To address this, we first evaluated the effect of imperfect complementarity between the guide RNA and its genomic target on SpCas9 activity, and then assessed the cleavage activity resulting from a single sgRNA on multiple genomic off-target loci with sequence similarity. To facilitate large-scale testing of mismatched guide sequences, we developed a simple sgRNA testing assay by generating expression cassettes encoding U6-driven sgRNAs using PCR and transfecting the resulting amplicons (Supplementary Fig. 5). We then performed deep sequencing of the region flanking each target site (Supplementary Fig. 6) for two independent biological replicates. From these data, we applied a binomial model to detect true indel events resulting from SpCas9 cleavage and NHEJ misrepair and calculated 95% confidence intervals for all reported NHEJ frequencies (Online Methods and Supplementary Tables 5–8).
We systematically investigated the effect of base-pairing mismatches between guide RNA sequences and target DNA on target modification efficiency. We chose four target sites within the human EMX1 gene (1, 2, 3 and 6) and, for each, generated a set of 57 different guide RNAs containing all possible single-nucleotide substitutions in positions 1–19 directly 5′ of the requisite NGG PAM (Fig. 2a). The 5′ guanine at position 20 is preserved, given that the U6 promoter requires guanine as the first base of its transcript. These ‘off-target’ guide RNAs were then assessed for cleavage activity at the on-target genomic locus.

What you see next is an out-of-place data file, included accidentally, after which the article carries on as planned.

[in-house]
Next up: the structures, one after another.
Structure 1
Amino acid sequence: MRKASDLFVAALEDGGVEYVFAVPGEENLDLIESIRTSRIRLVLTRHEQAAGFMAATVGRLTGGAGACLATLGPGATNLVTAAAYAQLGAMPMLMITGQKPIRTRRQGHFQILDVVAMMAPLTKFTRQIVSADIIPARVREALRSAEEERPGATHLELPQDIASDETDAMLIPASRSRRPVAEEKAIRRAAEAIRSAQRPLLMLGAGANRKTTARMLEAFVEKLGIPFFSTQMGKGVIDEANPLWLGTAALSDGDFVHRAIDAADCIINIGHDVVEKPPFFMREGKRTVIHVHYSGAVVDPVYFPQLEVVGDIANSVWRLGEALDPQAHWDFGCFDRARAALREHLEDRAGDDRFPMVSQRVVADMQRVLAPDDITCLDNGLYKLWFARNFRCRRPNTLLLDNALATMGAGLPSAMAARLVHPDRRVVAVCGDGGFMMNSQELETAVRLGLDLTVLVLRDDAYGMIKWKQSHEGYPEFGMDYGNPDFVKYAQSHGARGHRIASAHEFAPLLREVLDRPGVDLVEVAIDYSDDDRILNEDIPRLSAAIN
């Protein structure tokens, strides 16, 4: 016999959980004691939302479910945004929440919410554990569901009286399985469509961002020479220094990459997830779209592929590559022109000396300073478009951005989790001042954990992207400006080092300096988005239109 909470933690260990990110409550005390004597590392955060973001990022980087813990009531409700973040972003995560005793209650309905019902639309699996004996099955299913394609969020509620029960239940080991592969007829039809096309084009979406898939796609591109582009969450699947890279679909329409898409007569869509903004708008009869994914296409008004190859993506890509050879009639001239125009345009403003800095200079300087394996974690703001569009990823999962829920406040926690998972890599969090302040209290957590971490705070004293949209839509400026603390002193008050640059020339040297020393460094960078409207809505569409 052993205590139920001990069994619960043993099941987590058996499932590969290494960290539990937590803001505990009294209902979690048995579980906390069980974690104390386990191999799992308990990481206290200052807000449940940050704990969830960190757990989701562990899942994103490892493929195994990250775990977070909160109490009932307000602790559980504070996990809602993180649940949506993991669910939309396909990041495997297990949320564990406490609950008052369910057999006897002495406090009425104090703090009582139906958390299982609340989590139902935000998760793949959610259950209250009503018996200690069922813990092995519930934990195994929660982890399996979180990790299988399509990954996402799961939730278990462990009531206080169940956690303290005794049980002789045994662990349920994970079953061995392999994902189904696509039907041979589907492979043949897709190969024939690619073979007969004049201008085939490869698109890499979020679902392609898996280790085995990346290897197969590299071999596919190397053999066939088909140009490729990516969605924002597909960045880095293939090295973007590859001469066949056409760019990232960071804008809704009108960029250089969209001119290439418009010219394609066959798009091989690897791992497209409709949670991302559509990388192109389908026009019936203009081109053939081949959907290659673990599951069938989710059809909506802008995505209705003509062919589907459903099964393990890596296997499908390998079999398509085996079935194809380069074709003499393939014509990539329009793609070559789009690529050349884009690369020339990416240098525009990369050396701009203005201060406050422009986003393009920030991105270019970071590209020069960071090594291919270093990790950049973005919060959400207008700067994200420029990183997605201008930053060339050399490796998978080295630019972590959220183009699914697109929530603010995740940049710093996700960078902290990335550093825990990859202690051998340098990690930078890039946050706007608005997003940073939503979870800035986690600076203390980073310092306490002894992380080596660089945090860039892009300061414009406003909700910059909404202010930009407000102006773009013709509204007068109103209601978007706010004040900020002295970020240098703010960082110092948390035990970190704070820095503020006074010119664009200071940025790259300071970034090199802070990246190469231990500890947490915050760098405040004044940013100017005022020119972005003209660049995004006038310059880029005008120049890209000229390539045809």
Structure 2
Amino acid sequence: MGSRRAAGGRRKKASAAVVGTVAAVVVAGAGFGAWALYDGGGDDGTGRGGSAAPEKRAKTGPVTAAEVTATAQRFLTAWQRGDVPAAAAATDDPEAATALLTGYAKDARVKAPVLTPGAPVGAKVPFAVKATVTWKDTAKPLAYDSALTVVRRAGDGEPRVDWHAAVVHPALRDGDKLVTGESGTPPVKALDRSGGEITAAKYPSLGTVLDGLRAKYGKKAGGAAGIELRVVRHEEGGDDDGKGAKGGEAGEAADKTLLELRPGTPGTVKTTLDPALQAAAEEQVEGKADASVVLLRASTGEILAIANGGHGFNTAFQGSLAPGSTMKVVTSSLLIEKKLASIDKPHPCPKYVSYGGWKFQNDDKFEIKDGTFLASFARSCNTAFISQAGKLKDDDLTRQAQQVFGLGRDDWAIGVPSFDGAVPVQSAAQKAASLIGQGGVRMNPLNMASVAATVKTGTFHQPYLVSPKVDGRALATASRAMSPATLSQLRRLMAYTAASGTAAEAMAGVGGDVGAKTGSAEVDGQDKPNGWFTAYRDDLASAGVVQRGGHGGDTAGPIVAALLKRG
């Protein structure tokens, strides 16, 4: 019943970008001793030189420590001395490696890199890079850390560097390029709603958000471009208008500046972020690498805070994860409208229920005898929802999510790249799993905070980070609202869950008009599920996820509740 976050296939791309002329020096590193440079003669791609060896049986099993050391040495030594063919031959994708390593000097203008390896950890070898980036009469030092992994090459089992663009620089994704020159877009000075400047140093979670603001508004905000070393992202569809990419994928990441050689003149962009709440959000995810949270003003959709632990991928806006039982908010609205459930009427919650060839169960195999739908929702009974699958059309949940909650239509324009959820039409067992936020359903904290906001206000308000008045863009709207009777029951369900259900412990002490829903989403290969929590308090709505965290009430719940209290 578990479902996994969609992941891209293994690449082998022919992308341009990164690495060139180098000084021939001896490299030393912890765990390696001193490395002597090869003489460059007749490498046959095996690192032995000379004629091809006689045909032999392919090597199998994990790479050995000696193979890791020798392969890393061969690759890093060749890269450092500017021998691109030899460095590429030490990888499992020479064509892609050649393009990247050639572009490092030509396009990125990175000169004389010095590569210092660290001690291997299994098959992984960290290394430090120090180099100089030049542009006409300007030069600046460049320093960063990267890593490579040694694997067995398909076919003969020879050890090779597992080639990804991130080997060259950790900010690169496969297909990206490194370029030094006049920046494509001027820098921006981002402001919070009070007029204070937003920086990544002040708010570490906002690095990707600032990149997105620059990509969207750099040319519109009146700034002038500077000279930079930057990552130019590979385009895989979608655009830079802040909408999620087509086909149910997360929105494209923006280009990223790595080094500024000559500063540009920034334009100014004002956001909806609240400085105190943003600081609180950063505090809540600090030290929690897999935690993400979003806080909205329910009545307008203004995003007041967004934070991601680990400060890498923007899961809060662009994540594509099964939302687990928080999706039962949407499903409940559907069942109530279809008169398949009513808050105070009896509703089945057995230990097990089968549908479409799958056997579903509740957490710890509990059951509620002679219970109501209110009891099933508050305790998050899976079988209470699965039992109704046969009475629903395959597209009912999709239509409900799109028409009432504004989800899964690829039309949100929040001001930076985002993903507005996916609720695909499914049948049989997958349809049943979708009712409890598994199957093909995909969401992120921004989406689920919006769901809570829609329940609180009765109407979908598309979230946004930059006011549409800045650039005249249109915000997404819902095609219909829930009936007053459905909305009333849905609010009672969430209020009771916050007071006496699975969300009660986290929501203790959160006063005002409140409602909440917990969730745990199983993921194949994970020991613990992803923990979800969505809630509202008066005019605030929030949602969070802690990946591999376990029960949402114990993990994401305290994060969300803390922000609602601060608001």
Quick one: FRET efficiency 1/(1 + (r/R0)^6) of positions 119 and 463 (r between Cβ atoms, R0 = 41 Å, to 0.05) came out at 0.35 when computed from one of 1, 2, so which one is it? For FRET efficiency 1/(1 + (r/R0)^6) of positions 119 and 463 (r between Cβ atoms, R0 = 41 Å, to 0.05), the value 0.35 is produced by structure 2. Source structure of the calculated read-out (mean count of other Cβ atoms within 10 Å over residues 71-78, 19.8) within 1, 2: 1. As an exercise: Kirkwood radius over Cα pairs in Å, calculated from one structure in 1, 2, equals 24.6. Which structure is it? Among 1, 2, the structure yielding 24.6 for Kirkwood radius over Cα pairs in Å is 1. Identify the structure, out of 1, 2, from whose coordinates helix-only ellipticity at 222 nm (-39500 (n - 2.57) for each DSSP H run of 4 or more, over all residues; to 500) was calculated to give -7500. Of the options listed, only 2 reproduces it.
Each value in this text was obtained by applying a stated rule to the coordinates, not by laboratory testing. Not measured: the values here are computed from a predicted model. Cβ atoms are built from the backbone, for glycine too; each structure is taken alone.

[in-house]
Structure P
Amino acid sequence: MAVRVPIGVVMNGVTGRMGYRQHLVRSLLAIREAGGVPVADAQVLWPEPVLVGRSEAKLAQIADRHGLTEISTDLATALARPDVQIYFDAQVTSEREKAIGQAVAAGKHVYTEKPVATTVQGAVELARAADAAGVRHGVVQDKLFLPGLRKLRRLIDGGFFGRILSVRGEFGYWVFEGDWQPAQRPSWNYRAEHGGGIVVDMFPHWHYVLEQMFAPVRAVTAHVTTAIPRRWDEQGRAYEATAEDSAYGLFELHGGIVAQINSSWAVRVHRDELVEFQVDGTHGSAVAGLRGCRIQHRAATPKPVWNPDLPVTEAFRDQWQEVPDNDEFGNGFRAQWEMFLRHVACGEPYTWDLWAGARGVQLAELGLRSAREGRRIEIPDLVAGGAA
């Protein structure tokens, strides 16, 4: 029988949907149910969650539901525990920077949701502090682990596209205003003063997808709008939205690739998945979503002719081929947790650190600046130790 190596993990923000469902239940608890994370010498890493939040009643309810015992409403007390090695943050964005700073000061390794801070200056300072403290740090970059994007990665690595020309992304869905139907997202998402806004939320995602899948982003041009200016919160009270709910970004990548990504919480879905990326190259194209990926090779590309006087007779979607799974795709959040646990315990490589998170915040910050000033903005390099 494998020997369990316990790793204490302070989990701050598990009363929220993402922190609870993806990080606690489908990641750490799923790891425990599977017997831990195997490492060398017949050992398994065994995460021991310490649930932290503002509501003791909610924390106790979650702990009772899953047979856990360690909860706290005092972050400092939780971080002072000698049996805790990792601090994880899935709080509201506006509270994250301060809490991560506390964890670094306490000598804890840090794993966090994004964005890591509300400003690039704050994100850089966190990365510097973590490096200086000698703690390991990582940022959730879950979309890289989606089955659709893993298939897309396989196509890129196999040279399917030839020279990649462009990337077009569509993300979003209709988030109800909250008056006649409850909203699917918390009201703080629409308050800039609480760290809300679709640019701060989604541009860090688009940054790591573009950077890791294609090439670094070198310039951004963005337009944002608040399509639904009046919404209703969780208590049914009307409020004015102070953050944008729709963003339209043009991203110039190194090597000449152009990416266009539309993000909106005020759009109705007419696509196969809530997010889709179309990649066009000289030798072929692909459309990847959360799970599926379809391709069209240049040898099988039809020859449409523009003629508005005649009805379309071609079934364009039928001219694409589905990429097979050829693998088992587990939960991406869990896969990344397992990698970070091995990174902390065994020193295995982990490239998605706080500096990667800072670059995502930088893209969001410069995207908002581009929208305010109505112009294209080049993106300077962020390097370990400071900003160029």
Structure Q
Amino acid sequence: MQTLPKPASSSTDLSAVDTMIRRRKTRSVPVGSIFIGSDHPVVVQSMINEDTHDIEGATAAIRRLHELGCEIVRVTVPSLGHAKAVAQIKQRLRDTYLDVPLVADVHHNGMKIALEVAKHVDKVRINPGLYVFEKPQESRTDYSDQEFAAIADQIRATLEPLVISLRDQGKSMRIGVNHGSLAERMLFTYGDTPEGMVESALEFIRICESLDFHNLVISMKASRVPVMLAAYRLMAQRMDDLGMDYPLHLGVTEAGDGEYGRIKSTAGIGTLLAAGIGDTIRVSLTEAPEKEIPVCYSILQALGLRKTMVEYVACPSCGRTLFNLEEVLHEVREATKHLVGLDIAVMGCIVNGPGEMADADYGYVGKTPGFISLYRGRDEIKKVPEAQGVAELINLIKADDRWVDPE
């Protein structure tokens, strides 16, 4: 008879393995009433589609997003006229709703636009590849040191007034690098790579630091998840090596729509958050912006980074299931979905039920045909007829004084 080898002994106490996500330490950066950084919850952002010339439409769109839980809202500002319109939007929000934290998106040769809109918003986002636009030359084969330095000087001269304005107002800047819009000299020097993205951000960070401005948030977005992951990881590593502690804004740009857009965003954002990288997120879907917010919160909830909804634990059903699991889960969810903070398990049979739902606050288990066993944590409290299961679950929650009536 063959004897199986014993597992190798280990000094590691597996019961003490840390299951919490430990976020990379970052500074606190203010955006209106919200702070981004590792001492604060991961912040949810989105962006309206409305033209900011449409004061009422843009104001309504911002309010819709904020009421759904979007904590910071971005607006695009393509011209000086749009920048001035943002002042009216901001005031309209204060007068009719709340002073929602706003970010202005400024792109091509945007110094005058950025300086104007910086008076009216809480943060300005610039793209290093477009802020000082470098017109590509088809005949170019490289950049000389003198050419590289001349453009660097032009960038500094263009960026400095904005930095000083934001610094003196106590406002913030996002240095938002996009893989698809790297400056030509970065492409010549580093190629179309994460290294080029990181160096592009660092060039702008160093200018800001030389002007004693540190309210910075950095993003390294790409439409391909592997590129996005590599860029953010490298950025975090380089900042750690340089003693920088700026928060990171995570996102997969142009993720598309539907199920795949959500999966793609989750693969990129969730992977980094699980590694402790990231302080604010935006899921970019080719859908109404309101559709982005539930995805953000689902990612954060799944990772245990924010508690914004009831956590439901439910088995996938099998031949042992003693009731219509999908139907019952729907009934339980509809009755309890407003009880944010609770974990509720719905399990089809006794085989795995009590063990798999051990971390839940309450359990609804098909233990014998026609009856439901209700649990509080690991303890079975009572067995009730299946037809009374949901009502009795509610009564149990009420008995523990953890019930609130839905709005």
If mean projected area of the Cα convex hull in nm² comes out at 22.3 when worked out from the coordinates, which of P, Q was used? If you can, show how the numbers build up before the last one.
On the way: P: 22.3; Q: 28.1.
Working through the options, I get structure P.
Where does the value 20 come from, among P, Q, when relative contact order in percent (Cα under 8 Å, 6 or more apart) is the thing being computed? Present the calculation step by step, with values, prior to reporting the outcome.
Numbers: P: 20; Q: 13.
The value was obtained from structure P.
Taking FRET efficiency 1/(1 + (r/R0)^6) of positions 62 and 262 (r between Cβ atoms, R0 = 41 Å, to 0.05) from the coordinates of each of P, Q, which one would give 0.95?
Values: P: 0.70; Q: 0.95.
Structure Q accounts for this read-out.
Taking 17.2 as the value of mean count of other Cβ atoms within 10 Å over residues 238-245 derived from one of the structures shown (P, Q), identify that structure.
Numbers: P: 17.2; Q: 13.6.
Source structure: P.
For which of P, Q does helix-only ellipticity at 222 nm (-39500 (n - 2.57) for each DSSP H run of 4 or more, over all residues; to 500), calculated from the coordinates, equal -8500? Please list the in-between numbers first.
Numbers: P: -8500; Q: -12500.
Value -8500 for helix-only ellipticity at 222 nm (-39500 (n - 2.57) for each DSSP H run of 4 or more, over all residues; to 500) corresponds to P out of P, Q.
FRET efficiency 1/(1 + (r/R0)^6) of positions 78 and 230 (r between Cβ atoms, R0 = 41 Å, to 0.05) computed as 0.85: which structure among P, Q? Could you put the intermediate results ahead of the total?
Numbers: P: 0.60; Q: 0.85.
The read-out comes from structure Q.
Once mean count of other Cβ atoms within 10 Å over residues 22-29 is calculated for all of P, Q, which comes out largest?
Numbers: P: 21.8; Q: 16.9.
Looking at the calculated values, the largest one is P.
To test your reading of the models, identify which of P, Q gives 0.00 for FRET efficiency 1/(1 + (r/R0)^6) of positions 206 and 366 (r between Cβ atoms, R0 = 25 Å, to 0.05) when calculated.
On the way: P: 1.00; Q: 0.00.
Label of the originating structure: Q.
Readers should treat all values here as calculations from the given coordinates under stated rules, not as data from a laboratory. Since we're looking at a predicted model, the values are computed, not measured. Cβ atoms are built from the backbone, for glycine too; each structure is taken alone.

Consistent with previous findings1,2,12, SpCas9 tolerates single-base mismatches in the PAM-distal region to a greater extent than in the PAM-proximal region. In contrast to a model that implies that a prototypical 10–12 bp PAM-proximal seed sequence largely determines target specificity1,2,12, we found that most bases within the 20-bp target site provide varying degrees of specificity. Single-base specificity generally ranges from 8 to 14 bp immediately upstream of the PAM, indicating a sequence-dependent, mismatch-sensitive boundary that varies in length (Fig. 2b, Supplementary Fig. 7 and Supplementary Table 5).